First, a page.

Wrong Arm of the Law

By Mark David Blum, Esq.

The stench on the streets of Syracuse is not coming from those poor unwashed souls who lack any means of self-support other than to beg for pennies from passers-by. Instead, the true affront comes from a new policy by Syracuse Police who are going to start issuing citations to the homeless and dragging them before the courts. Plainly put, the new policy “stinks”. It is not the domain of police to resolve a social services issue any more than it is a police issue to deal with a health and welfare issue. The wrong arm of the law is being used against the homeless.

What is it about Syracuse’s most destitute that requires involvement with the criminal justice system? Wherein is the benefit to the individual or to the community at large when police start making poverty and homelessness a criminal act? My personal feeling is that someone in City government is offended and suffers guilt whenever they come into contact with a person begging for change. That “someone” has motivated Syracuse Police into targeting the homeless for arrest.

Once before Syracuse tried to sweep clean the homeless from its streets with the attempted passage of an “aggressive panhandling” law. Recall too that one Christmas day, police entered onto State land and tore town a tent city.

Our community’s homeless problem is not a police problem. It is our collective failure as a society to provide for even its weakest elements. Homeless people should not be dragged in front of judges. Instead, they should be provided shelter and food and a hot shower.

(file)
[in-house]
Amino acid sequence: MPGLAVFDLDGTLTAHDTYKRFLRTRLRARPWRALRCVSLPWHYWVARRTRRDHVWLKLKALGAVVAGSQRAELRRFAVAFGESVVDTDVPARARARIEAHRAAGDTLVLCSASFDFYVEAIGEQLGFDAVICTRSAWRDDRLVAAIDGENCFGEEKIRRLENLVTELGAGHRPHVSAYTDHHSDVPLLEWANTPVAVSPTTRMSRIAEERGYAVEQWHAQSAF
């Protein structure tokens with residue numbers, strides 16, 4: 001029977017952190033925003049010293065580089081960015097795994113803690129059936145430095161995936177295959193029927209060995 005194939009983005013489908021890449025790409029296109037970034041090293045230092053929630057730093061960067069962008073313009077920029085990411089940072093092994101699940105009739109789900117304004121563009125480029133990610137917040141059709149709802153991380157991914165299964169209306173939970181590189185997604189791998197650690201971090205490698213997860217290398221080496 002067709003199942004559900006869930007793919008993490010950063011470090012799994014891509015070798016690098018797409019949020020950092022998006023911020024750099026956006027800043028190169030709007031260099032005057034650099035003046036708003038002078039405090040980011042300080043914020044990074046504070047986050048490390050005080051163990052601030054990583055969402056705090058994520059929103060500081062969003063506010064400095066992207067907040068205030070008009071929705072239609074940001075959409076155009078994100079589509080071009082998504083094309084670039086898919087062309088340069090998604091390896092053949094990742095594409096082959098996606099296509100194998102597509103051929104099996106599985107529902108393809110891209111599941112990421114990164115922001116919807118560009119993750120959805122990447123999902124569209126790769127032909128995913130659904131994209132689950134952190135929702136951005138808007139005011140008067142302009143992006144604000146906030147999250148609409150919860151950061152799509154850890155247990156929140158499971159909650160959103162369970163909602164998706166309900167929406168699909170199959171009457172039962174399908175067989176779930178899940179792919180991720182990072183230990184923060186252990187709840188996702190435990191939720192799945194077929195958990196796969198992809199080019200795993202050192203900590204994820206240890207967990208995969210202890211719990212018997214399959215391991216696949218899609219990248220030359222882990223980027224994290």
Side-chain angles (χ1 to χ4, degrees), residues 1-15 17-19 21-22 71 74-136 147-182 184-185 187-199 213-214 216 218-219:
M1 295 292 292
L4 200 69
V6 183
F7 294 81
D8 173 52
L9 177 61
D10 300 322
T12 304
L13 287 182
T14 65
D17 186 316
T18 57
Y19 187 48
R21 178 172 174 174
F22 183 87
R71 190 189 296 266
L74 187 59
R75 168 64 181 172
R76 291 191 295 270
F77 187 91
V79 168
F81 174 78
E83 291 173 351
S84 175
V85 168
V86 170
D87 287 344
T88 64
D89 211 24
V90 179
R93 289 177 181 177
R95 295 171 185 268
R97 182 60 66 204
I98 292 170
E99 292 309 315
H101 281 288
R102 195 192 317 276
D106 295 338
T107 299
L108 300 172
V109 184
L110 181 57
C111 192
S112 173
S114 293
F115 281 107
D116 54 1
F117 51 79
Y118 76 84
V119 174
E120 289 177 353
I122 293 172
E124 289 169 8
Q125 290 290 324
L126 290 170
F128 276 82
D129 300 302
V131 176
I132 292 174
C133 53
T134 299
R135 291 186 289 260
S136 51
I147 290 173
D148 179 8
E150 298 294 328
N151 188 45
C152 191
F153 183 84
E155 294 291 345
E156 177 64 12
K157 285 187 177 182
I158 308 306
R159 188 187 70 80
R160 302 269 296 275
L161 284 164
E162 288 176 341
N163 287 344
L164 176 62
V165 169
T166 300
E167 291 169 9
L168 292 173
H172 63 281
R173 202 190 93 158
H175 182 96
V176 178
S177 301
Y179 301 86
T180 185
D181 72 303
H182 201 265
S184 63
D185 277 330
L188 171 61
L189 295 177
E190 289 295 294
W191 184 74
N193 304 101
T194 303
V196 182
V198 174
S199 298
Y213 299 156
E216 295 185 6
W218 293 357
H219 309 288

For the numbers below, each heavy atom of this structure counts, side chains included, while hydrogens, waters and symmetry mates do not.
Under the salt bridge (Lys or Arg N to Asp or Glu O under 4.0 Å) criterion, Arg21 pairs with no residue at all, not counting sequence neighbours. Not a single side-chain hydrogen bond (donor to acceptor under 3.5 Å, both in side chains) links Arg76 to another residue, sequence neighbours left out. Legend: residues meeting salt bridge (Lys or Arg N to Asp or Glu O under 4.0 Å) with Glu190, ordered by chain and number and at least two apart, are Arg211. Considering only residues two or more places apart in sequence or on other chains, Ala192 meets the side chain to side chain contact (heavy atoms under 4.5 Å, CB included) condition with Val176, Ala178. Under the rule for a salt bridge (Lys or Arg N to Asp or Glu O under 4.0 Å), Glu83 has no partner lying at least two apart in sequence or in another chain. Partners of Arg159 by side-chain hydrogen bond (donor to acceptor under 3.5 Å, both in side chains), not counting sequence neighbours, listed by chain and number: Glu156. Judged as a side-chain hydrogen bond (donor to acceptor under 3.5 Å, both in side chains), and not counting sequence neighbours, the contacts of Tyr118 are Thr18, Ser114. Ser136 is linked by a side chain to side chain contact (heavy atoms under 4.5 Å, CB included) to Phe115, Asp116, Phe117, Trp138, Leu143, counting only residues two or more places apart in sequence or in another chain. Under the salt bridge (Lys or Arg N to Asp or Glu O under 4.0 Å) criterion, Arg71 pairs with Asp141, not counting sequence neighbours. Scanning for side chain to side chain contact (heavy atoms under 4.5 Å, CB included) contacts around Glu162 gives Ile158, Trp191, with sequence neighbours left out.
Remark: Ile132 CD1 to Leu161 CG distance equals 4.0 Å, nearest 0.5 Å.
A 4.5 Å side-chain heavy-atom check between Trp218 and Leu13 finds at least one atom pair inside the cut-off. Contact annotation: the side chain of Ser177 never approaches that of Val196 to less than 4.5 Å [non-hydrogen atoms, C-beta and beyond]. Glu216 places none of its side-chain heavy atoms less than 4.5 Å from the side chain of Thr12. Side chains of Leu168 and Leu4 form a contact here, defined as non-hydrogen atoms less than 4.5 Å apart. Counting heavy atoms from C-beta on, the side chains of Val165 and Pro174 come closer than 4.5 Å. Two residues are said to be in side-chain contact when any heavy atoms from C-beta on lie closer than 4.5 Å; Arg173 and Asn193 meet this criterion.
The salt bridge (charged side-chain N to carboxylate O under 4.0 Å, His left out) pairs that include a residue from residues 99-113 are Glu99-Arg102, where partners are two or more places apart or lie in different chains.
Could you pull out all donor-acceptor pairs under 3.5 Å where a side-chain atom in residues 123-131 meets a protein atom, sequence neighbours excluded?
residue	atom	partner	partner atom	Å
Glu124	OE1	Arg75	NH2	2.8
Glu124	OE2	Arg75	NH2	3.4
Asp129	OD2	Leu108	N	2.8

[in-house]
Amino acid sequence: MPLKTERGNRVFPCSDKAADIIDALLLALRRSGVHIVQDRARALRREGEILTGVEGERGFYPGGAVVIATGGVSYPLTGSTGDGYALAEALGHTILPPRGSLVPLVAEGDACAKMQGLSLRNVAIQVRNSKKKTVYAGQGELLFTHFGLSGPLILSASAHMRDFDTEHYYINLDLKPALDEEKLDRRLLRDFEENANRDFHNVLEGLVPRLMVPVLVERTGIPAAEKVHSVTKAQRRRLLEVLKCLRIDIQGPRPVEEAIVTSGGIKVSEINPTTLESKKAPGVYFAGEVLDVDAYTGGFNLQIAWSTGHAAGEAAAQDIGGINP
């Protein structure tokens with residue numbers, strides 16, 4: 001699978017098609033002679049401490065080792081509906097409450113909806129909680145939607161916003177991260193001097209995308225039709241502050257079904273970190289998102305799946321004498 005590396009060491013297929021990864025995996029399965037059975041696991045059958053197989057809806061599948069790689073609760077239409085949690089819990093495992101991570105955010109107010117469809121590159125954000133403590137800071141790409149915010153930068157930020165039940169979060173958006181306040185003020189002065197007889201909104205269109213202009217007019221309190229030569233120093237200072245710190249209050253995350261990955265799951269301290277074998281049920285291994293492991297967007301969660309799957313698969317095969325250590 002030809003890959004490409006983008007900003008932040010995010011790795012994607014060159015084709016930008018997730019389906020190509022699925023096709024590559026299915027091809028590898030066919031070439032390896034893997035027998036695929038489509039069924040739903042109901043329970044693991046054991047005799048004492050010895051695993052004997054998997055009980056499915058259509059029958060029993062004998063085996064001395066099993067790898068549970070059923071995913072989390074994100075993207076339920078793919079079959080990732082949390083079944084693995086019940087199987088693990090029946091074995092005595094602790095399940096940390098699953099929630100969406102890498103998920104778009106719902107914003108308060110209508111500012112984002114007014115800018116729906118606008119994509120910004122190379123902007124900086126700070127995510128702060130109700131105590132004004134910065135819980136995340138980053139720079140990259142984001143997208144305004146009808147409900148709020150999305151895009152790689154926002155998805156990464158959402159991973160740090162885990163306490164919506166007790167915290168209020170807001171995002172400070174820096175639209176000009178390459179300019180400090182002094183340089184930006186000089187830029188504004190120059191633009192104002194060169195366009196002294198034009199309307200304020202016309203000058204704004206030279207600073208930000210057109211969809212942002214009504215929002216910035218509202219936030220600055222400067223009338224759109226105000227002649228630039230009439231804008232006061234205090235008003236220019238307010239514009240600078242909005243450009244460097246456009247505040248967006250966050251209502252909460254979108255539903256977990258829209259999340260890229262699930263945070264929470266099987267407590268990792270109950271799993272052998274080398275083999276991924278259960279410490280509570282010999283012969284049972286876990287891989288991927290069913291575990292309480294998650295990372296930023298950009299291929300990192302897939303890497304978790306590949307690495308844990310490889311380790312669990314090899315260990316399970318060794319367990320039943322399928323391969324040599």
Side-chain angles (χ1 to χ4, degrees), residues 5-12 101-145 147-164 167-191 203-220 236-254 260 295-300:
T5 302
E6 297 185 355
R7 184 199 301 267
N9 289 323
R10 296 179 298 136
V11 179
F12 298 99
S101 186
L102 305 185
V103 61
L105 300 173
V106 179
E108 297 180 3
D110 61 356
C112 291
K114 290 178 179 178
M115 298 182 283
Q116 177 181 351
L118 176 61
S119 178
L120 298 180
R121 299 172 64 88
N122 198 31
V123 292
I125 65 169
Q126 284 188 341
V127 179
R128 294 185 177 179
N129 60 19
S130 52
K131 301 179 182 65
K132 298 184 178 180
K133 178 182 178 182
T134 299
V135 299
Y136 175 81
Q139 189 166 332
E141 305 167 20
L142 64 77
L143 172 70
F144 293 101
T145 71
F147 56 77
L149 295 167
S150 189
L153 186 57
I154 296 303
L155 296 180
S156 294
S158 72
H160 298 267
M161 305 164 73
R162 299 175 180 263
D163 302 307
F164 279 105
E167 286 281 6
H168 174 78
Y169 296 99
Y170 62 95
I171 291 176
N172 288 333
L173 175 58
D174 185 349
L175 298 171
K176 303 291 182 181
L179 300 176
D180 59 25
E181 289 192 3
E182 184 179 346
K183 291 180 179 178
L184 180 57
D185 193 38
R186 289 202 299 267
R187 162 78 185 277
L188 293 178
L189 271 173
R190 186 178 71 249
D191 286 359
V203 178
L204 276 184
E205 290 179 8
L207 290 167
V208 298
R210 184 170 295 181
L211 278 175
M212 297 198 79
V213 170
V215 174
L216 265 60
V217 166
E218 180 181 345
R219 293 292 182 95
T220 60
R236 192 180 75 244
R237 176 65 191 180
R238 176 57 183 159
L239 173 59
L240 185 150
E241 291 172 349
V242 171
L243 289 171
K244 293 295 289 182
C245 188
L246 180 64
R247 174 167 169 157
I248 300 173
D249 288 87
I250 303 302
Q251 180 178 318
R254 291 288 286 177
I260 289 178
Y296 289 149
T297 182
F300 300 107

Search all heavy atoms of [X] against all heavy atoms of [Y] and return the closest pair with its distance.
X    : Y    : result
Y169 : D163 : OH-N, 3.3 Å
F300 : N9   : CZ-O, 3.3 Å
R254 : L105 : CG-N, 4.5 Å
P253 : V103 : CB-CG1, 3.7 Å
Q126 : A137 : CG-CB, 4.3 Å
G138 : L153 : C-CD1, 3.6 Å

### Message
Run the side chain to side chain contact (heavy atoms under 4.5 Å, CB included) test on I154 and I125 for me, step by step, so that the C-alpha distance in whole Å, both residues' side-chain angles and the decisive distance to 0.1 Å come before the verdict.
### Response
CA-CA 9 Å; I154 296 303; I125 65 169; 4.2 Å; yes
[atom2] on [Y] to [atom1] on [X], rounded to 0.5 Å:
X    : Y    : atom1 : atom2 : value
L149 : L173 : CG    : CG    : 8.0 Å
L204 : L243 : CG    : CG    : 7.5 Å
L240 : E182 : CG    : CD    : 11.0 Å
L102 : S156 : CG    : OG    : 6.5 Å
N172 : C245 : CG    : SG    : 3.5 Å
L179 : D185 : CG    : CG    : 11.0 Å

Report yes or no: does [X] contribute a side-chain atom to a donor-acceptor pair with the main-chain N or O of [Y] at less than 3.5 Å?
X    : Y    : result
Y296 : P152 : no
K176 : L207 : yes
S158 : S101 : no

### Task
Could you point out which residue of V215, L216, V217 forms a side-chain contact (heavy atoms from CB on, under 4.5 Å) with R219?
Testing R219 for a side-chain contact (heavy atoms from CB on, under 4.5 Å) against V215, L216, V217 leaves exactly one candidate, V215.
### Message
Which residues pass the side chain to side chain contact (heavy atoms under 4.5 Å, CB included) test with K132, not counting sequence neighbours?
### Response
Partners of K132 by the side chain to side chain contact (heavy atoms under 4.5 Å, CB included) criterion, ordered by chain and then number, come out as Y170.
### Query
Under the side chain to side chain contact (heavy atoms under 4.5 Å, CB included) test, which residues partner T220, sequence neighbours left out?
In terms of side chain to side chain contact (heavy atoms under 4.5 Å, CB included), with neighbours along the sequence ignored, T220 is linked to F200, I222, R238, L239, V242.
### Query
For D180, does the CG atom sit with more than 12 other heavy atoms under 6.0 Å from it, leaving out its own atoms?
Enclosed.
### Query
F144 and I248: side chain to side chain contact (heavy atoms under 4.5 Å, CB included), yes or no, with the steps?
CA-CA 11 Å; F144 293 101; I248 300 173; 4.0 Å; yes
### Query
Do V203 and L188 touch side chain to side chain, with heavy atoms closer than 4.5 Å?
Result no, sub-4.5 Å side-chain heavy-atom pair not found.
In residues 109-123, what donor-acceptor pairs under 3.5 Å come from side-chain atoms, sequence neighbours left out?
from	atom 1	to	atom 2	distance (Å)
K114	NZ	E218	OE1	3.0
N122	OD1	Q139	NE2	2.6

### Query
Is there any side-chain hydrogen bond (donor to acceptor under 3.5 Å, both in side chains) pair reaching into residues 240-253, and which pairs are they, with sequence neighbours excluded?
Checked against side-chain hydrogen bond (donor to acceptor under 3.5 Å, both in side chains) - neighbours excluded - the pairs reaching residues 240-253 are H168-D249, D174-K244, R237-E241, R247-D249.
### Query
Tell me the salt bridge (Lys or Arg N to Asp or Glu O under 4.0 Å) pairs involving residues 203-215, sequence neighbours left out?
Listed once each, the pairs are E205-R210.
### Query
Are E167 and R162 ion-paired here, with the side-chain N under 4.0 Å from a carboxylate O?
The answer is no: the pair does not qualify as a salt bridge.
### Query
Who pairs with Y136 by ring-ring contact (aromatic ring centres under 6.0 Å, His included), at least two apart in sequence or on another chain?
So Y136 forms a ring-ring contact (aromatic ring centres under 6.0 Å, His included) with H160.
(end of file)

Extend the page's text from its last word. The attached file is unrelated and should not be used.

It is sad that homelessness, poverty, unemployment, and mental illness plague the city in such large numbers. Maybe instead of arresting the homeless or offering up a few dollars at holiday time, citizens actually worked face to face with some of these folks, or fed them, or housed them, or trained them. Don’t chase them away. Imprisoning them is not the answer. Wasting more valuable police and judicial resources will not cure the problem. Hiding the ugliness from our eyes does not mean the cancer is not there eating away at our collective soul. Maybe if we

resolved the root issues, the City might be able to direct valuable and limited police resources to handle real crime.

In my very humble opinion, this new attitude and proposed new policy of aggressive enforcement is offensive and contrary to strongly held principles of this nation and of most of the religions worshipped by its citizens.

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